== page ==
MINEOLA - Micheal Drennon does not talk very much. The junior linebacker/receiver prefers to let his play on the field speak for him.

His father, Joe, is also a man of few words. The Mineola head coach/athletic director prefers to let his team's performances and success on and off the field speak for him.

The rest of the Class 3A Division II wish the Drennons would stop talking.

The son and father have helped push Mineola into a third consecutive state semifinal. Mineola (12-2) will face Wall (12-2) at 7 p.m. Friday at Waco ISD Stadium looking to advance to a second state championship game in three years.

"It has been a lot of fun when you can watch your kid grow up, you get to coach them and be in this business, it's pretty special," Joe Drennon said. "Especially, when you make a run like we've done the last three or four years around here. It has been really neat and he's been a part of it since he was a freshman."

Michael Drennon started for the Yellowjackets his freshman season and made an impact on defense and offense. Michael caught a touchdown pass in the 'Jackets' state championship loss to Cameron Yoe and was later named district Offensive Newcomer of the Year.

"It was crazy; coming out of middle school and then freshman year you are playing at Cowboys Stadium," Michael said. "It was a cool thing to be (a part of)."

Last year the sophomore was a fixture on defense, earning all-state honorable mention honors in helping lead the 'Jackets back to the state semifinals. The 'Jackets were upended in their quest to return to state, falling to Brock 38-22.

"It has definitely motivated all of us," Michael said. "We weren't the best team last year and it showed that we needed to work harder if we were going to be the best team this year. That is what we have been working for."

Despite missing half of this season because of a knee injury, the junior is one of Mineola's top tacklers, with colleges already beginning to inquire about him.

The traditional setup in many head coach-son setups is the son plays quarterback for his father. Michael played under center in middle school, but when he arrived at the high school level, the Jackets already had a starting QB, then-sophomore Jeremiah Crawford.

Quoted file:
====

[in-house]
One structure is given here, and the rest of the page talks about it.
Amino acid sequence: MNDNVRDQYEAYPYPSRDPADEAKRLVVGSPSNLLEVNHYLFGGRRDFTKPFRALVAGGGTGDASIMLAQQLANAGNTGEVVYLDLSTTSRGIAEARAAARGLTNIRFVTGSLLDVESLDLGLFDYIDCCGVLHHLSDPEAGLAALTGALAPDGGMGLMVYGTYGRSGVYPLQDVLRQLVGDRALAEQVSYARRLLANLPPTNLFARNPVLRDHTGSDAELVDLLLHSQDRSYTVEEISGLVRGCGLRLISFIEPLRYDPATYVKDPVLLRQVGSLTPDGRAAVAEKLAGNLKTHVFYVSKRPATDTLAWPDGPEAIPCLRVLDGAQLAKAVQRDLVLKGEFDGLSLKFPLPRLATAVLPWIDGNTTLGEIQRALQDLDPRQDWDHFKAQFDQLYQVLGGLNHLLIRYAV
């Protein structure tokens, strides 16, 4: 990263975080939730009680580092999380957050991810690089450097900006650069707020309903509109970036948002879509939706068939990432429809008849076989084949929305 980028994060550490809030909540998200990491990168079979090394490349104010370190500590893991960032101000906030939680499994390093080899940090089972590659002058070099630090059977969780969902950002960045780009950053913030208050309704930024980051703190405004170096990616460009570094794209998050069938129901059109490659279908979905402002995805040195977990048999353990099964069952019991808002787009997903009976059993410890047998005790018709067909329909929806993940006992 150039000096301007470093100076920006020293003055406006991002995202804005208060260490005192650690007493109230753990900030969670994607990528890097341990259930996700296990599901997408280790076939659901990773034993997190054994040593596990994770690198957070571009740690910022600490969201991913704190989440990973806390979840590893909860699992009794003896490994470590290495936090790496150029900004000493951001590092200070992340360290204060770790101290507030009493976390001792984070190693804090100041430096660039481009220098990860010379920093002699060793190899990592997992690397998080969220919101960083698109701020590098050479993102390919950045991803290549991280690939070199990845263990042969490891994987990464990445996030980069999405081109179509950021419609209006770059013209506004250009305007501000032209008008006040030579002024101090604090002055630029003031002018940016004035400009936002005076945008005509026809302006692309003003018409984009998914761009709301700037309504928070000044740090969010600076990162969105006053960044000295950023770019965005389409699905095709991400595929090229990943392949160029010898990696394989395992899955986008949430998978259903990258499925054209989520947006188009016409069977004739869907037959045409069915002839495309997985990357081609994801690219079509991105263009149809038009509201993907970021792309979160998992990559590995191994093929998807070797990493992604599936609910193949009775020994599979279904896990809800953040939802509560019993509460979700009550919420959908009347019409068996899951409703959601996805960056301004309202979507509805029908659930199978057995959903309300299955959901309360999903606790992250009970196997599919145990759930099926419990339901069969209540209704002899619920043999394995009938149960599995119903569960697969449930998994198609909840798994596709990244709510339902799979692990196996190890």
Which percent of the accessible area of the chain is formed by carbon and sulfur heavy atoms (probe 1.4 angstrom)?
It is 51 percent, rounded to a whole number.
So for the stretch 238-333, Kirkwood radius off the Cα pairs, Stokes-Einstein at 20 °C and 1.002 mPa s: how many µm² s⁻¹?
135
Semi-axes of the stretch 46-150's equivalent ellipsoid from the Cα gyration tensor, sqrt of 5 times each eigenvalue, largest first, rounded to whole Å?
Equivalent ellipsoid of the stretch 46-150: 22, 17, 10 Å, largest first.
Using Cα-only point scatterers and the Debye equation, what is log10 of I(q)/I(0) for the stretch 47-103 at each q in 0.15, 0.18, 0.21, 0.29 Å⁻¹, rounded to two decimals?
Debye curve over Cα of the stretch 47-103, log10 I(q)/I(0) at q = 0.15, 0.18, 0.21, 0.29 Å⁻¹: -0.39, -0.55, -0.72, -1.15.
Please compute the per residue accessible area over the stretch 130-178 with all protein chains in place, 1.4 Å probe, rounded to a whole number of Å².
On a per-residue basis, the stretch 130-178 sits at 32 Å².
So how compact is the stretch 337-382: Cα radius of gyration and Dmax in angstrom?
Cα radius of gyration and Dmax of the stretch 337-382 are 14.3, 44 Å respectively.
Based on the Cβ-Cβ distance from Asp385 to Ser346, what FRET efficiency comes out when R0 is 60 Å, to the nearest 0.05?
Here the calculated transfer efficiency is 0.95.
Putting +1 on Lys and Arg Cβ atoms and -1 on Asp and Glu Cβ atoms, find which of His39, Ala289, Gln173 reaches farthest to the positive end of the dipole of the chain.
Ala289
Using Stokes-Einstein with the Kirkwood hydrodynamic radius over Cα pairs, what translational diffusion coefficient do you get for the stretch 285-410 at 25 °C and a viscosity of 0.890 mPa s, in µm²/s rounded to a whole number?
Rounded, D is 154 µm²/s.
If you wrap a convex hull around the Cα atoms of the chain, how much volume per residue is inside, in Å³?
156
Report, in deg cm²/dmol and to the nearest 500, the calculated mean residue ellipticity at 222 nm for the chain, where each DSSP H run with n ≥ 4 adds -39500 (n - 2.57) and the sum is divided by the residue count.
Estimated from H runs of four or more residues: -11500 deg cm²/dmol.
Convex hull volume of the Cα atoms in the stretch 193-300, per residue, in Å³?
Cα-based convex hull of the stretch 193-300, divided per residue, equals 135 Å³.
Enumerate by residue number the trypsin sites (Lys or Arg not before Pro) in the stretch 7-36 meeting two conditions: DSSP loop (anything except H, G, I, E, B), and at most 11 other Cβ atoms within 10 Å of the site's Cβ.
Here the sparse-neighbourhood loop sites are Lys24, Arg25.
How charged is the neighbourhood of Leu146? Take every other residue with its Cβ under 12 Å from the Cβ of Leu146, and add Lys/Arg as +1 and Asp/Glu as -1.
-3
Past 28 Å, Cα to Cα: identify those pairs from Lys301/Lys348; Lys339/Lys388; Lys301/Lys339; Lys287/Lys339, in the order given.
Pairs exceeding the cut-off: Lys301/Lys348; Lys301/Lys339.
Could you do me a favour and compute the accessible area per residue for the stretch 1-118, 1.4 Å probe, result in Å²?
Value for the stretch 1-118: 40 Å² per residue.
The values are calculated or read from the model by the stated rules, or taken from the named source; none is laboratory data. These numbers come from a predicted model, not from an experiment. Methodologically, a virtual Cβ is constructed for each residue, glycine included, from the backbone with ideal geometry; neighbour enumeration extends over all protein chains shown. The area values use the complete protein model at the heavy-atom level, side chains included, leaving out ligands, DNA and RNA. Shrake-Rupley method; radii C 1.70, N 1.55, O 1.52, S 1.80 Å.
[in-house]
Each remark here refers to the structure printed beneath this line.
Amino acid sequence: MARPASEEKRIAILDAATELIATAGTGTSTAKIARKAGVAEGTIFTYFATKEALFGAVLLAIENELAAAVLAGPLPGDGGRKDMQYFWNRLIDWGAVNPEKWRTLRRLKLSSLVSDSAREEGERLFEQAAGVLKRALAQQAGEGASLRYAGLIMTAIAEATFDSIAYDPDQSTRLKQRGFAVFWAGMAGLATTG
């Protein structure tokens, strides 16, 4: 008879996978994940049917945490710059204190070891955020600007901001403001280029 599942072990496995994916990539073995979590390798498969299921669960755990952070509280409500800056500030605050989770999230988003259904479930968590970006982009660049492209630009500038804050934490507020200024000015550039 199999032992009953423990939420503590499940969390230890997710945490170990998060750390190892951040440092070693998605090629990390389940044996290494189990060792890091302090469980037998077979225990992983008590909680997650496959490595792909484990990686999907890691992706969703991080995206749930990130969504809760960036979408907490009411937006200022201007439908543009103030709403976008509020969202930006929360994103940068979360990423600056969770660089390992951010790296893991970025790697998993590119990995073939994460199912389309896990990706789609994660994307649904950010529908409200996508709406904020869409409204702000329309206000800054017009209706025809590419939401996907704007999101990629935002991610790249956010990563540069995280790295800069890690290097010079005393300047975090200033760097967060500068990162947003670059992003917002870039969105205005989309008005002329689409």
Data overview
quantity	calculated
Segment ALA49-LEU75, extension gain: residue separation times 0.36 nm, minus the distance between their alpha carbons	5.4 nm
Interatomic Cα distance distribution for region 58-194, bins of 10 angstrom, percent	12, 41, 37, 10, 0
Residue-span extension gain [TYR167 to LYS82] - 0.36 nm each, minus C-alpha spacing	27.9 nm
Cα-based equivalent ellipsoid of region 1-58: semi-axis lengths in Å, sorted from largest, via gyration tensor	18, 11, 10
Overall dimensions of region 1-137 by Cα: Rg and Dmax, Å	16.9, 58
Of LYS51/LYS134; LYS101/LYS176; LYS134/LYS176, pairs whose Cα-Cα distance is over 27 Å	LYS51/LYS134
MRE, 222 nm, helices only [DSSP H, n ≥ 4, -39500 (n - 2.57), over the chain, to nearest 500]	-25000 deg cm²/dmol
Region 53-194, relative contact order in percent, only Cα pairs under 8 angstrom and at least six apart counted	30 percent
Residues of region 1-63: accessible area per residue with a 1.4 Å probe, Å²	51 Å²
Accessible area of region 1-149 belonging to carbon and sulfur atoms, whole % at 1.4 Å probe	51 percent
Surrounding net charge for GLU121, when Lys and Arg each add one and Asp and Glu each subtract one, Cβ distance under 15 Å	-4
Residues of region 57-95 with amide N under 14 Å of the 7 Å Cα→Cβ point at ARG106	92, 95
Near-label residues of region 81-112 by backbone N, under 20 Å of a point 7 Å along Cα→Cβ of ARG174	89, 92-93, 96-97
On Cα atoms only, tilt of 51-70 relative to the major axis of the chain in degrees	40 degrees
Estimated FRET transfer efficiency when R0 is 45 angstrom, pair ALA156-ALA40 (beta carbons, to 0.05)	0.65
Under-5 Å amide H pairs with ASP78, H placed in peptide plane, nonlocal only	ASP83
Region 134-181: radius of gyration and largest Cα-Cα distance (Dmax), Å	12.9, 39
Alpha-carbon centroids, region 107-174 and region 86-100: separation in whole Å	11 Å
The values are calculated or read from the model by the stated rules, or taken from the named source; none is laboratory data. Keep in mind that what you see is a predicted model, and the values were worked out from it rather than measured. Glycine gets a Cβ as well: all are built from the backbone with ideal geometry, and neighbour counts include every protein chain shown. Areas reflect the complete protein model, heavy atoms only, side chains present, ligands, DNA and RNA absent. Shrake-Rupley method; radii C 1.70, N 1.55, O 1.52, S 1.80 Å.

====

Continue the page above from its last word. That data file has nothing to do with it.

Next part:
"I have always played defense and I love defense," Michael said. "Jeremiah is a great quarterback and I needed to do what made the team better."

Coach Drennon added: "It's never really concerned me where my kid plays. As long as he plays (hard) and plays as well as he can. Michael is a good receiver and good linebacker, so that's where he's at."

Michael has been more than happy to catch passes from Crawford when he's not in pursuit of the opposition's quarterback. He grabbed a TD pass from Crawford in a playoff win over Sabine and forced a fumble and recovered it in Mineola's playoff win over Whitesboro.

Last week against Pottsboro in the state quarterfinals Michael finished with 10 tackles, five of them solo, to go with a sack and three quarterback pressures.

"We just came out and were really physical," Michael said of Mineola's 46-3 quarterfinal win. "We try to be the most physical team. That is what we try to do each time out."

Michael's older brother, Tyler, 24, was the quarterback for his father when Joe was head coach at Corsicana Mildred.

"He was a quarterback for me, but the deal was he wasn't a defensive guy," Drennon said.

Joe also has two daughters with his oldest, Rebekah, in college at Texarkana while sophomore Rachel runs track.

Three years ago when Mineola made its first run to the state championship game, Joe's wife, Lorrie, produced T-shirts with the hashtag #Play16.

"That was our mindset for the whole year to get to that 16th game," Michael said. "Some people doubted us in the beginning and we just started rolling."

Lorrie has a new hashtag for the 'Jackets this season: #Play16in16.

Coach Drennon said his family has enjoyed being a part of Mineola football.

"We've won four district championships in nine years, made a state run and been in the playoffs seven out of those nine years," Drennon said. "It has taken a lot of hard work and a lot of our kids have started this thing from years ago that has us where we are right now."


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